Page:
(On dealing with injuries)
“I’ve never had a fight where I was 100 percent. There’s always been something going on. I have had hand injuries since the beginning of my career but we have creative ways to handle that and preserve my hands. Right now, I feel great. I just have to pick my shots more, but that’s where the speed becomes a factor.”
(On possible future opponents)
“If I can get by Hyland, I want to fight the winner of the Lee Selby vs. Eric Hunter fight and unify titles. After that I’d like to see Leo Santa Cruz and take care of that. Then I want another crack at Vasyl Lomachenko. I don’t care what weight Lomachenko is at, I’ll follow him. He has to see me.”
PATRICK HYLAND, Featherweight Contender
(On Training Camp)
“I’ve been training at Celtic Warriors Gym in Dublin since before Christmas because I had a fight here (Ireland) on Feb. 6 but pulled out when I got word that I was fighting on March 12 (at Mohegan Sun). When that fight was postponed, I took it easy for two weeks until the April 16 show was announced. That’s when I started picking up training again. I’ve been training really hard and putting everything on the line to become WBC champ. We plan to arrive in the U.S. a week prior to the fight.”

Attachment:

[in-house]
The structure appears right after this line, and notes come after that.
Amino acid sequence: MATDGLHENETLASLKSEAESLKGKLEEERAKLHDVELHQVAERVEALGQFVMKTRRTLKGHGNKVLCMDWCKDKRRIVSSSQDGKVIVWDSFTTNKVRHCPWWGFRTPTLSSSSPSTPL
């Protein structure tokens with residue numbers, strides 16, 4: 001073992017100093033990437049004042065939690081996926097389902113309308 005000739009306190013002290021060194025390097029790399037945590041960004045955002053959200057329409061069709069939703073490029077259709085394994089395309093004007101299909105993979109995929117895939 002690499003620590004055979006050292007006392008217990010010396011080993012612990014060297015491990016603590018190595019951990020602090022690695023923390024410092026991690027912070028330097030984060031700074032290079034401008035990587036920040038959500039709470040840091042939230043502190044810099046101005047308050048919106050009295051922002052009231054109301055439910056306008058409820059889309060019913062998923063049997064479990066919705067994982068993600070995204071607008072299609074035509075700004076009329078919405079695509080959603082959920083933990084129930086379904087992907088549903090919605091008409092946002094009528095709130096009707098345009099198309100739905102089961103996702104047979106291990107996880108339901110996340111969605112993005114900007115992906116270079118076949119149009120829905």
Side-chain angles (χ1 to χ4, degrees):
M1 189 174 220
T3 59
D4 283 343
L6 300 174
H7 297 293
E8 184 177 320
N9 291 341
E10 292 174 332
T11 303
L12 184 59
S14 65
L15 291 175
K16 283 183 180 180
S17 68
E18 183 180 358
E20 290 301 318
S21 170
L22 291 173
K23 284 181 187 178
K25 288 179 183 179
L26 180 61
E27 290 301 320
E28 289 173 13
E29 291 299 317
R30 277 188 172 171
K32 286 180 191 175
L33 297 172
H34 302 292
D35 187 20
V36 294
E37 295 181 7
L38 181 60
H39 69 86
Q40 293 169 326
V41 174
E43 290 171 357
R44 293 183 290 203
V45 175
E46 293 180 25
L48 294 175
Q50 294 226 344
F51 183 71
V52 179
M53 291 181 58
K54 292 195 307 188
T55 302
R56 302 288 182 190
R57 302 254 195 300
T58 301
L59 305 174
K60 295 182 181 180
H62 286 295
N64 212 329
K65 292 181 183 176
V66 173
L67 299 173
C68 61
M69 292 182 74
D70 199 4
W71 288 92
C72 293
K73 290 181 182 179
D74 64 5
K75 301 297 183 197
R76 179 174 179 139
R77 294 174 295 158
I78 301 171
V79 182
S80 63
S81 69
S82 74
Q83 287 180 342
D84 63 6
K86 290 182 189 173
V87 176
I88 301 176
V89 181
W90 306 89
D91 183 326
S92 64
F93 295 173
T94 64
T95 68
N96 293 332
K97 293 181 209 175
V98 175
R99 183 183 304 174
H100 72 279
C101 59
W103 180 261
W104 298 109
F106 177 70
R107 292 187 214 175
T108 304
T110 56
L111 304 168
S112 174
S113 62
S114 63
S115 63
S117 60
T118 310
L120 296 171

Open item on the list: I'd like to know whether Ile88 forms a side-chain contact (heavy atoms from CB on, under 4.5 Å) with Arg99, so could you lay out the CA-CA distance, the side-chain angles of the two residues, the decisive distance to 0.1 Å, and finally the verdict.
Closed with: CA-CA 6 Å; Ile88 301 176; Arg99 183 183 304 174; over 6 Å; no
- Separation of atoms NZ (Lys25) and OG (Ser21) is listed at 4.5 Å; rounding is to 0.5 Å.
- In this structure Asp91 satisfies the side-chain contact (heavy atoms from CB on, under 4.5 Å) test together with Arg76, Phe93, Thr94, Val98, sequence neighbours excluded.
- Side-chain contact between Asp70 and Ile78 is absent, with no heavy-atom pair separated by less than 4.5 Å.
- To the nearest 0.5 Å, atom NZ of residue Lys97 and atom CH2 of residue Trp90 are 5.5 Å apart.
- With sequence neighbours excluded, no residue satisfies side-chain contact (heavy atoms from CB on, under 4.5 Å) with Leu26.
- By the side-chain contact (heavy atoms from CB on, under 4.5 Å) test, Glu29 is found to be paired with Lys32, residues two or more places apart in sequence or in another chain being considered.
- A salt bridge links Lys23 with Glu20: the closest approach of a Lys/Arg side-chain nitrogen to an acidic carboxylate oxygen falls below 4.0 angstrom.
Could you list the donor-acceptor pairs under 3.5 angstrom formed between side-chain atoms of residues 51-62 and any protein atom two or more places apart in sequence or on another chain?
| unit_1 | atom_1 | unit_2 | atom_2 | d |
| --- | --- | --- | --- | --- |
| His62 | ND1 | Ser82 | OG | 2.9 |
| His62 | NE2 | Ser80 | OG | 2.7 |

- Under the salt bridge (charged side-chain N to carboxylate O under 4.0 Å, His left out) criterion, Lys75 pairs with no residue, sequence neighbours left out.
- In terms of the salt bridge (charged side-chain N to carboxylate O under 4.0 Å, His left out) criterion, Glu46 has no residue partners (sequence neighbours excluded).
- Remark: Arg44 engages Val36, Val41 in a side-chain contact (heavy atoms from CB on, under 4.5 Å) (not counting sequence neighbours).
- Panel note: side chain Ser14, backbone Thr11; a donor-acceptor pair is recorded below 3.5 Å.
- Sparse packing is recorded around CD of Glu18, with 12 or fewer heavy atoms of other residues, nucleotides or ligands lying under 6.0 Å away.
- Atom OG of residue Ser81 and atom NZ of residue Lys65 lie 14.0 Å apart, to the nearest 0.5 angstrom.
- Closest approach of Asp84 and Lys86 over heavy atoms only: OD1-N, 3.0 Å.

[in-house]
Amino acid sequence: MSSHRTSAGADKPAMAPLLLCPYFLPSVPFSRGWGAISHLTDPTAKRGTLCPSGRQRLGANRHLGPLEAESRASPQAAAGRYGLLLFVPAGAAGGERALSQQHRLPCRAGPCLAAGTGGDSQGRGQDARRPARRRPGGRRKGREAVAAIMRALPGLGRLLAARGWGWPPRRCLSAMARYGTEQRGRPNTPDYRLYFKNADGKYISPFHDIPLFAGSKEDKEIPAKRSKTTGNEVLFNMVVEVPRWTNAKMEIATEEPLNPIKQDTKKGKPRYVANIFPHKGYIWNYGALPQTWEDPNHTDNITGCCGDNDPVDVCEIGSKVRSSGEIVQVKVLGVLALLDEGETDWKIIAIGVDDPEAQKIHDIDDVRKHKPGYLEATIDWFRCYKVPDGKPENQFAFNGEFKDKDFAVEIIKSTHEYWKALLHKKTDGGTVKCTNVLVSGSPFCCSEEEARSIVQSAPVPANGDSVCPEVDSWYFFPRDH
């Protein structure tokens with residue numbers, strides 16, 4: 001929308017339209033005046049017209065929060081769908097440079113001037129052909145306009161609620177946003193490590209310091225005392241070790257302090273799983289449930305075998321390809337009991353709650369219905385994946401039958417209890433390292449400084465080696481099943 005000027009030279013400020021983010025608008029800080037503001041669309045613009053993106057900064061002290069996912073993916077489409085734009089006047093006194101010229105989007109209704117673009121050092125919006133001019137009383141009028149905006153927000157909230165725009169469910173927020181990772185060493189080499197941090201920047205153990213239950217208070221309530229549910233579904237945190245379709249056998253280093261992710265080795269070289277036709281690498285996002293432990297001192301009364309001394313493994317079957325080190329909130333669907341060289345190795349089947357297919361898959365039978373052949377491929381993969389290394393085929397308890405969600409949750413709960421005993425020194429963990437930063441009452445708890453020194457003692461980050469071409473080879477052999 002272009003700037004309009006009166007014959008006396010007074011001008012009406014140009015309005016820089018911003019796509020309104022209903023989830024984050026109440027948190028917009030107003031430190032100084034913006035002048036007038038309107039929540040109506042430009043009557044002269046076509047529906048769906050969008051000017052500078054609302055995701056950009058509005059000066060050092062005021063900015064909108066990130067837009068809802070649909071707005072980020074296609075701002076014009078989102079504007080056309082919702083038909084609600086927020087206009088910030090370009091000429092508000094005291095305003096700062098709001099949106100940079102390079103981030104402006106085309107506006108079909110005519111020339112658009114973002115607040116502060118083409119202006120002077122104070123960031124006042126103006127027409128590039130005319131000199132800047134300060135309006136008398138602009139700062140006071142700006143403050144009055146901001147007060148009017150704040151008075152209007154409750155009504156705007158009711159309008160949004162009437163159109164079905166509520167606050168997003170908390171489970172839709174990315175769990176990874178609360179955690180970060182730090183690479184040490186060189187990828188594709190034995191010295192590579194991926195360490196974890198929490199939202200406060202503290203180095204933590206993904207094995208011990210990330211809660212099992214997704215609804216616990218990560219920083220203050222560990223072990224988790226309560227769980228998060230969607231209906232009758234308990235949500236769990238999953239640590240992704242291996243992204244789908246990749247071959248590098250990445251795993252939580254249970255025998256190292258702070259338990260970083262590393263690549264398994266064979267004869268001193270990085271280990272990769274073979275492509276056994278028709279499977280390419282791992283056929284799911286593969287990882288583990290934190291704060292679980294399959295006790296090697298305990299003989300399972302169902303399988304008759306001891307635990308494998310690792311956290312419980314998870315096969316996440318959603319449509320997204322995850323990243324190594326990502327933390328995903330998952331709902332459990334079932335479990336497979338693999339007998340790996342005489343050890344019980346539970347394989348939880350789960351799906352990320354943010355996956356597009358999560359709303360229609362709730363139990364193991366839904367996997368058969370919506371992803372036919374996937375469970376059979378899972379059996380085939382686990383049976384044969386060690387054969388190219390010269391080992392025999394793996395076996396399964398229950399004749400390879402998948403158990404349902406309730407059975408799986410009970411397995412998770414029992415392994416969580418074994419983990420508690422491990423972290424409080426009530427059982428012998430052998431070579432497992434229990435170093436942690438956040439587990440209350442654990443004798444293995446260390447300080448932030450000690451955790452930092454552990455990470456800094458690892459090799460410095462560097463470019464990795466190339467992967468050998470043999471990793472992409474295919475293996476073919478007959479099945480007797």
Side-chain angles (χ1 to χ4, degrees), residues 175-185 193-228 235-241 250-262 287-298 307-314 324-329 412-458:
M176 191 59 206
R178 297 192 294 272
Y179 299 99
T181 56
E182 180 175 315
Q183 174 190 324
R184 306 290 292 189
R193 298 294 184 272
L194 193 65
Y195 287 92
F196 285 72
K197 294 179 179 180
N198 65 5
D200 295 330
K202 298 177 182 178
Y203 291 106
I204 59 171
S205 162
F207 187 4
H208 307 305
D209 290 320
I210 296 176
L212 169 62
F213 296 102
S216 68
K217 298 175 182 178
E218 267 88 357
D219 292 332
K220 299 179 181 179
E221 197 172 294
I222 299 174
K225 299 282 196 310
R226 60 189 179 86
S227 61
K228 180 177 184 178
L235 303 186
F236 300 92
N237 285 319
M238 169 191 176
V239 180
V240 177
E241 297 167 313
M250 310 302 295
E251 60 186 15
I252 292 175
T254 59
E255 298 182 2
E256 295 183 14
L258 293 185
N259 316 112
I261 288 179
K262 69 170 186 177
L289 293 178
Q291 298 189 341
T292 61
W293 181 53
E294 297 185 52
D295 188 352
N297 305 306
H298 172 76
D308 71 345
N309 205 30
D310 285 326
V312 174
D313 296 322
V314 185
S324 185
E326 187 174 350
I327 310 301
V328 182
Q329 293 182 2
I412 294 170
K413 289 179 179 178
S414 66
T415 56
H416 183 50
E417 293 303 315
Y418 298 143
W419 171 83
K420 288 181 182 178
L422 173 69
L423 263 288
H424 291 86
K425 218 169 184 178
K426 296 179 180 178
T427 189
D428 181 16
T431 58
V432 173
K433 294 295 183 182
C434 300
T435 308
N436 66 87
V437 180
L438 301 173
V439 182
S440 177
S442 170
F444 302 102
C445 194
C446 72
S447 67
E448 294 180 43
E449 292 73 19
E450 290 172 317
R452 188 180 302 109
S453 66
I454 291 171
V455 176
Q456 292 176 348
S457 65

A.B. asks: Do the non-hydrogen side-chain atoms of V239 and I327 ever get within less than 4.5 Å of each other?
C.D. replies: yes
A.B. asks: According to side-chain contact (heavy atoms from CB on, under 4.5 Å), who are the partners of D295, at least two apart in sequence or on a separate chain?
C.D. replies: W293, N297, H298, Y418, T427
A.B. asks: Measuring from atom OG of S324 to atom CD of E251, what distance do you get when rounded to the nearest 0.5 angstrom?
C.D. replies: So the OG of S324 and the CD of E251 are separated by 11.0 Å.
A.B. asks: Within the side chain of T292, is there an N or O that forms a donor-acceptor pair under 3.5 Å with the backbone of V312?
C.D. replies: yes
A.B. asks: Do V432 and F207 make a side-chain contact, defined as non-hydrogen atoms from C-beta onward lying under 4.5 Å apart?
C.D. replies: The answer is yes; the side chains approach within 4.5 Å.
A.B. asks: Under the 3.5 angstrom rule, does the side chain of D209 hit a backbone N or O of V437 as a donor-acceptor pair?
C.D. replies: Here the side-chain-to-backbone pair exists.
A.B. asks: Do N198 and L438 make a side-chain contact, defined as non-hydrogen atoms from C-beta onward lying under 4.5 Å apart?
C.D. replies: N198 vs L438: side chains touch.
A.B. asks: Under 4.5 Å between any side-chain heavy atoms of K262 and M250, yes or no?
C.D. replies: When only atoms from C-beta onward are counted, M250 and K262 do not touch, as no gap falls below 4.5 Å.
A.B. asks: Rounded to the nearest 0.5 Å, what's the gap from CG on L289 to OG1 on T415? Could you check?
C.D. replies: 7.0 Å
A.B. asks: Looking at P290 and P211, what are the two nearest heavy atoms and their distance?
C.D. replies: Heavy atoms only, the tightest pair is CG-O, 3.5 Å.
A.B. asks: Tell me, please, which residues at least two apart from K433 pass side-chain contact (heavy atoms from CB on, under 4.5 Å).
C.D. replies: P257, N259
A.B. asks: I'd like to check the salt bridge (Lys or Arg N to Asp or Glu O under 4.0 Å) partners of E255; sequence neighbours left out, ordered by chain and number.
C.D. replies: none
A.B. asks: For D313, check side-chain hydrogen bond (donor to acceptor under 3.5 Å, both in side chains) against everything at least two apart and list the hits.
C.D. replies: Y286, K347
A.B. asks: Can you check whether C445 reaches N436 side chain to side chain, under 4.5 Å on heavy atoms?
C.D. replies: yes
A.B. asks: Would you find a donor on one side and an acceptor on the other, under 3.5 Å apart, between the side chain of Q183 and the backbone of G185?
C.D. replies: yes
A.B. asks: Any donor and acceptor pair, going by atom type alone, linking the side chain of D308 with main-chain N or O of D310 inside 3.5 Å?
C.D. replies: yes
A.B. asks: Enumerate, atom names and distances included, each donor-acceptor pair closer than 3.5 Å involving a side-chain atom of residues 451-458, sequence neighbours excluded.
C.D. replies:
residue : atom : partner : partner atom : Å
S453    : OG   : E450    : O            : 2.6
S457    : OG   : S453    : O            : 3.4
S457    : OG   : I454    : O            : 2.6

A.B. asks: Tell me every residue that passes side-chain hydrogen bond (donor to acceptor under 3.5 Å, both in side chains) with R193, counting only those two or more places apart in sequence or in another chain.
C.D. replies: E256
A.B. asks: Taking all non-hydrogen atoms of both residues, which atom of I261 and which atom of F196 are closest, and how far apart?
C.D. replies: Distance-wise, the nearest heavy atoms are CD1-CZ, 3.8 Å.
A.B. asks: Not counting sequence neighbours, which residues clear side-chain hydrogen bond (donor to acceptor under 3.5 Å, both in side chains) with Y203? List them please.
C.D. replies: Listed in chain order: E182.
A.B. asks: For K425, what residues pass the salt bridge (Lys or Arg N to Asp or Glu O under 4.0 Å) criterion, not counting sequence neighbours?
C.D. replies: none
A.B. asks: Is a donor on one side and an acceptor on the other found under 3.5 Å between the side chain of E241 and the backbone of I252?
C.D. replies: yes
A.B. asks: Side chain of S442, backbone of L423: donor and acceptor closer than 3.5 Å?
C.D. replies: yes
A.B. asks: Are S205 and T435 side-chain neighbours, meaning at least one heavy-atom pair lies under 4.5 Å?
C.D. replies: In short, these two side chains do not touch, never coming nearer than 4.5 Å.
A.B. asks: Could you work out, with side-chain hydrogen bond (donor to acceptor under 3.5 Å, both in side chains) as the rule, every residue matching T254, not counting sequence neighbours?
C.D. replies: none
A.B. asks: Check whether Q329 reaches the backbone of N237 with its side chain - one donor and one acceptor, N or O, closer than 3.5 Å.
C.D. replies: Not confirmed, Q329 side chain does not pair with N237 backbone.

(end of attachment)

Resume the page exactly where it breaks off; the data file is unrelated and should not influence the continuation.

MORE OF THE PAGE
(On fighting Gary Russell Jr.)
“To challenge a great champion, Gary Russell, Jr., is an honor for me. I think Gary is an awesome fighter with great hand speed and boxing ability. I’ve been working with Jono Carroll, an unbeaten Irish southpaw with good hand speed and good movement, who is ideal for what I have to work on to beat Russell.”
(On fighting again in the U.S.)
“I love fighting in the U.S. because there’s always a great atmosphere at the fights and it’s the real home of boxing. I’ve met friends for life who I consider family from the Marlboro area (Hyland lived in Marlboro, N.Y., for a couple of years). They’ll be at this fight, as always.”
(On the fighting Hyland brothers)
“My brothers are no longer fighting. Their last fights were on the same show, Jan. 28, 2012 in Atlantic City, which I headlined in (against Emmanuel Lucero). My older brother, Edward (“Pride of Tallaght”) fought at super featherweight. He runs his own Boxing Club in Dublin. My other brother, Paulie, was a former European and Irish super bantamweight champion. He is back doing a bit of training. No other members of our Hyland family were in professional boxing. I’m hoping we’re not the last, though, as I’ve got a few nephews and my own son now. One day they might lace up the gloves.”
JOSE PEDRAZA, IBF Super Featherweight World Champion
(On Training Camp)
“I am currently training in the Municipal gym in Cidra, P.R., where I took my first steps in boxing. I decided to train here because it feels like home and I can feel the warmth of my people and I am able to set an example for those who are starting out in boxing as well.”
“My training started in December and it is divided into two sections (morning and evening). During the morning portion we work on all of the specifics of boxing, including gloving up in addition to physical training lasting about three and a half hours. For the evening portion of the training I run. Two days a week it is track training and four days of the week it is distance running for about two hours in the evening, making it a total of about five and a half to six hours of work daily.”
(On his diet)